To be healed spiritually of what ails us, a casual reading of the Scriptures will not do.  The Word must penetrate our hearts; it must cut through the outward flesh in order to get to the root of the problem and clean it up.  It is painful, but necessary if we ever want to function in our lives as the Lord intended.  

Today, know the Lord is a skilled surgeon, wielding a sharp scalpel.  His technique is perfect and, if you allow Him to use it, will bring healing to the diseased and damaged areas of your life.   The procedure will indeed be painful, but the outcome will be more than worth it.  

© Jim Musser 2014

Friday, May 2, 2014


“For in this hope we were saved. But hope that is seen is no hope at all. Who hopes for what they already have?  But if we hope for what we do not yet have, we wait for it patiently.  In the same way, the Spirit helps us in our weakness. We do not know what we ought to pray for, but the Spirit himself intercedes for us through wordless groans.” (Romans 8:24-26 NIV)

I severely injured my knee when I was a teen.  For my whole adult life, I have lived with a poorly functioning joint.  In the last 15 years, it has slowly deteriorated, increasingly limiting my physical activity.  Last year, I began to think seriously about a knee replacement, but our insurance was such it was not financially feasible.  I had to wait until we could acquire better health insurance.  That came in January and I immediately began to make plans for the surgery.  

I hoped to do it during Spring Break, but a freak snowstorm in Charlotte delayed my pre-op consultation for two weeks and closed that window of opportunity.  More waiting.  Finally, the surgery was set for May 6th.  My family physician scheduled several tests he required before he would clear me for the procedure, but scheduling the tests proved difficult. Again, more waiting.  Those tests were finally done this week and I am still waiting for the results and whether or not my doctor will clear me for a major operation scheduled just days from now.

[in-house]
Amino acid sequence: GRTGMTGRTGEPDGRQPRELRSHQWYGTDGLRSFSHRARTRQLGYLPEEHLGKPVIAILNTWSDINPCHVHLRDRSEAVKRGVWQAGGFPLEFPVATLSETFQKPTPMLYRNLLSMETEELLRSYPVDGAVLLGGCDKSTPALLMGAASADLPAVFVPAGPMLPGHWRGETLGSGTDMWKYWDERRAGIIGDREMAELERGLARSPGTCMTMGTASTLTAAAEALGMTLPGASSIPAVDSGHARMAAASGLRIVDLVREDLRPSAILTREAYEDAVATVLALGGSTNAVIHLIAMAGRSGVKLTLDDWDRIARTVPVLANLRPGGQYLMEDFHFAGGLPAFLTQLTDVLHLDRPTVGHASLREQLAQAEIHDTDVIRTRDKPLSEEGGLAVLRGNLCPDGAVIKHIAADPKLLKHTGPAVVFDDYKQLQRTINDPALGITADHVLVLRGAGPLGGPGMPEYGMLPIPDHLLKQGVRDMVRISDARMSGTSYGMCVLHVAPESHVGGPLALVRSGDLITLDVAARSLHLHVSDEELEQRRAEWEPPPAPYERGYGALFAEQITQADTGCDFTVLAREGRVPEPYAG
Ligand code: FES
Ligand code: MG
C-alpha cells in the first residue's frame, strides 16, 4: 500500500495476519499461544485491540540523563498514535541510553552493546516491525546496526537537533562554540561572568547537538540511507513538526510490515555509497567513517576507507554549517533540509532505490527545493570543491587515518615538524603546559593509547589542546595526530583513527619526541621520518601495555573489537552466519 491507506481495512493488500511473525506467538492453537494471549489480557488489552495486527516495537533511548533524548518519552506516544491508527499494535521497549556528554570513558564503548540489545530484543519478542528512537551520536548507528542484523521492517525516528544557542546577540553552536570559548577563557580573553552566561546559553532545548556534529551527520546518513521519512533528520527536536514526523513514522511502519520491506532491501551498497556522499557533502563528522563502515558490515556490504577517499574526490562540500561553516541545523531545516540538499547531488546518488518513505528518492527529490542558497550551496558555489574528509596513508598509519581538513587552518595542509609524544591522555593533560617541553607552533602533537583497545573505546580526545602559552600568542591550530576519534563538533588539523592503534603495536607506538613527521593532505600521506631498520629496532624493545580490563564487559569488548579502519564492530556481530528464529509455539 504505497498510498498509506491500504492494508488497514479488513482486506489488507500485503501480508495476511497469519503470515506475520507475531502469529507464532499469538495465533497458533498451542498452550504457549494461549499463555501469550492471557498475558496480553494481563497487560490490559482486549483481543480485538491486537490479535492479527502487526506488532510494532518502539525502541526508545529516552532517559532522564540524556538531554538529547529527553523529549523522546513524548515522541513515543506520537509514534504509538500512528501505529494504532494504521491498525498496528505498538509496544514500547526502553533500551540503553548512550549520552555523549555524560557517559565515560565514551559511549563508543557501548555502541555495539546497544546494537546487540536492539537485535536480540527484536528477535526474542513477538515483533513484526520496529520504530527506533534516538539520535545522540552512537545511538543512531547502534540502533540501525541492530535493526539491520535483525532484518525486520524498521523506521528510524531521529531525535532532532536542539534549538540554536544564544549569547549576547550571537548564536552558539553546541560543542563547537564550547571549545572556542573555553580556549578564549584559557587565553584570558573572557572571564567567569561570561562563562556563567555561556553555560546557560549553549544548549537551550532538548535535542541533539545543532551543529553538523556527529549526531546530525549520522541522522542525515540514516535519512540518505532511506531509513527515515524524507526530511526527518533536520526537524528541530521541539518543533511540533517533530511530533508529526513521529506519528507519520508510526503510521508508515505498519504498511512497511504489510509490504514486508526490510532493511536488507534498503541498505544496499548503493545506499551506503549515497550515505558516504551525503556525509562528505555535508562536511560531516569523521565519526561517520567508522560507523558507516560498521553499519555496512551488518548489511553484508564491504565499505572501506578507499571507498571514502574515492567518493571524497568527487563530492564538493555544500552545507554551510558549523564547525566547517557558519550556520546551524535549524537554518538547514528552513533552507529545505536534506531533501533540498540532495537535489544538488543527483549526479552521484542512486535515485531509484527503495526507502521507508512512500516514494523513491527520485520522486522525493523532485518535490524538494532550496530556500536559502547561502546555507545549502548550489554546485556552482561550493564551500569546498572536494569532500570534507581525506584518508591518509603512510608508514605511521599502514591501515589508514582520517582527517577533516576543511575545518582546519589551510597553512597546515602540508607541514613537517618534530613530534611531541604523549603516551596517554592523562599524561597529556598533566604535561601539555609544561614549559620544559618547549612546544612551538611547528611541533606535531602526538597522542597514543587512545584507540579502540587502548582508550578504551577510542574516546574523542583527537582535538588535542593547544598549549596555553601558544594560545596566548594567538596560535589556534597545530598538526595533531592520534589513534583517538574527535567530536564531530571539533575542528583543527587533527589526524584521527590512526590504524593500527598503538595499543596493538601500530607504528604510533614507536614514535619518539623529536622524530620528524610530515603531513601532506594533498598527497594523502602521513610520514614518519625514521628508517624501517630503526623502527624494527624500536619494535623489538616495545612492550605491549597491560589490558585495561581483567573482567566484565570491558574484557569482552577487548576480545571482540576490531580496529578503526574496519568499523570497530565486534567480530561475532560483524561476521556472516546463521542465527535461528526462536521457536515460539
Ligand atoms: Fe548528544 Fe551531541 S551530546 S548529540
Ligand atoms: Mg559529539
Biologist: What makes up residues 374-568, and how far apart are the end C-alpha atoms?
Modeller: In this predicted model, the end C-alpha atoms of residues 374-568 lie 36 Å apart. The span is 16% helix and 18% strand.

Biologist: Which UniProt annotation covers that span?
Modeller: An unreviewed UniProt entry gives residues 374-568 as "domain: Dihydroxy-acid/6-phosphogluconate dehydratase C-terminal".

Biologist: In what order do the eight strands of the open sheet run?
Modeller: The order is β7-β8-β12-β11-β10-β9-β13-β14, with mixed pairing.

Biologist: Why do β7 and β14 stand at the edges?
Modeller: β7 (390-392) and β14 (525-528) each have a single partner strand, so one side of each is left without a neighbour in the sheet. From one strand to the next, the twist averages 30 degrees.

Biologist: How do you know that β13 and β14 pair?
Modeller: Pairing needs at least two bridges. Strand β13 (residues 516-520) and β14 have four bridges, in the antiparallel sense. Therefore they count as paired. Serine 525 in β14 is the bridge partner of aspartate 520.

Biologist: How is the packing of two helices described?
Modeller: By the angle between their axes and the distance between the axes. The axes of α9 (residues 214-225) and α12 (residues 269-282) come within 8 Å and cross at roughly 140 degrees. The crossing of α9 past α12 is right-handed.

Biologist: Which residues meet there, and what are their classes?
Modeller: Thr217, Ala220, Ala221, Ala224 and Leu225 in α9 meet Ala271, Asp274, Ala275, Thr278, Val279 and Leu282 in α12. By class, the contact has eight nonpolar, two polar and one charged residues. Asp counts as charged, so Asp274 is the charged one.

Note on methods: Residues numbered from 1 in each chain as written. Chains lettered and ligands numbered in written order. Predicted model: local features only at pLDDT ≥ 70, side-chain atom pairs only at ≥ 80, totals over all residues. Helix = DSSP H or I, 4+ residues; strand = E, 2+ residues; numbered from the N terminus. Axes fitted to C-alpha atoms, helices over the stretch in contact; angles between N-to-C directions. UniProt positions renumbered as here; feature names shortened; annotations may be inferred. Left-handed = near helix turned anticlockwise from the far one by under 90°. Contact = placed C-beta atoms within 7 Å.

To say I have been frustrated by the delays is an understatement.  I am not good at waiting patiently.  But I don’t think I am alone in that.  Waiting is difficult, particularly if it is something we want very badly, such as a romantic relationship or marriage, a coveted job, or just relief from a difficult stretch in life.

What is encouraging in this passage is that we are not alone in our struggle to maintain hope in the midst of uncertainty.  The Spirit is walking along side us, helping us and strengthening us so that we can maintain hope instead of giving up or making ill-advised decisions to force our will upon the situation.  Even in the midst of our confusion about delays in what we hope for, the Spirit sees clearly what we need.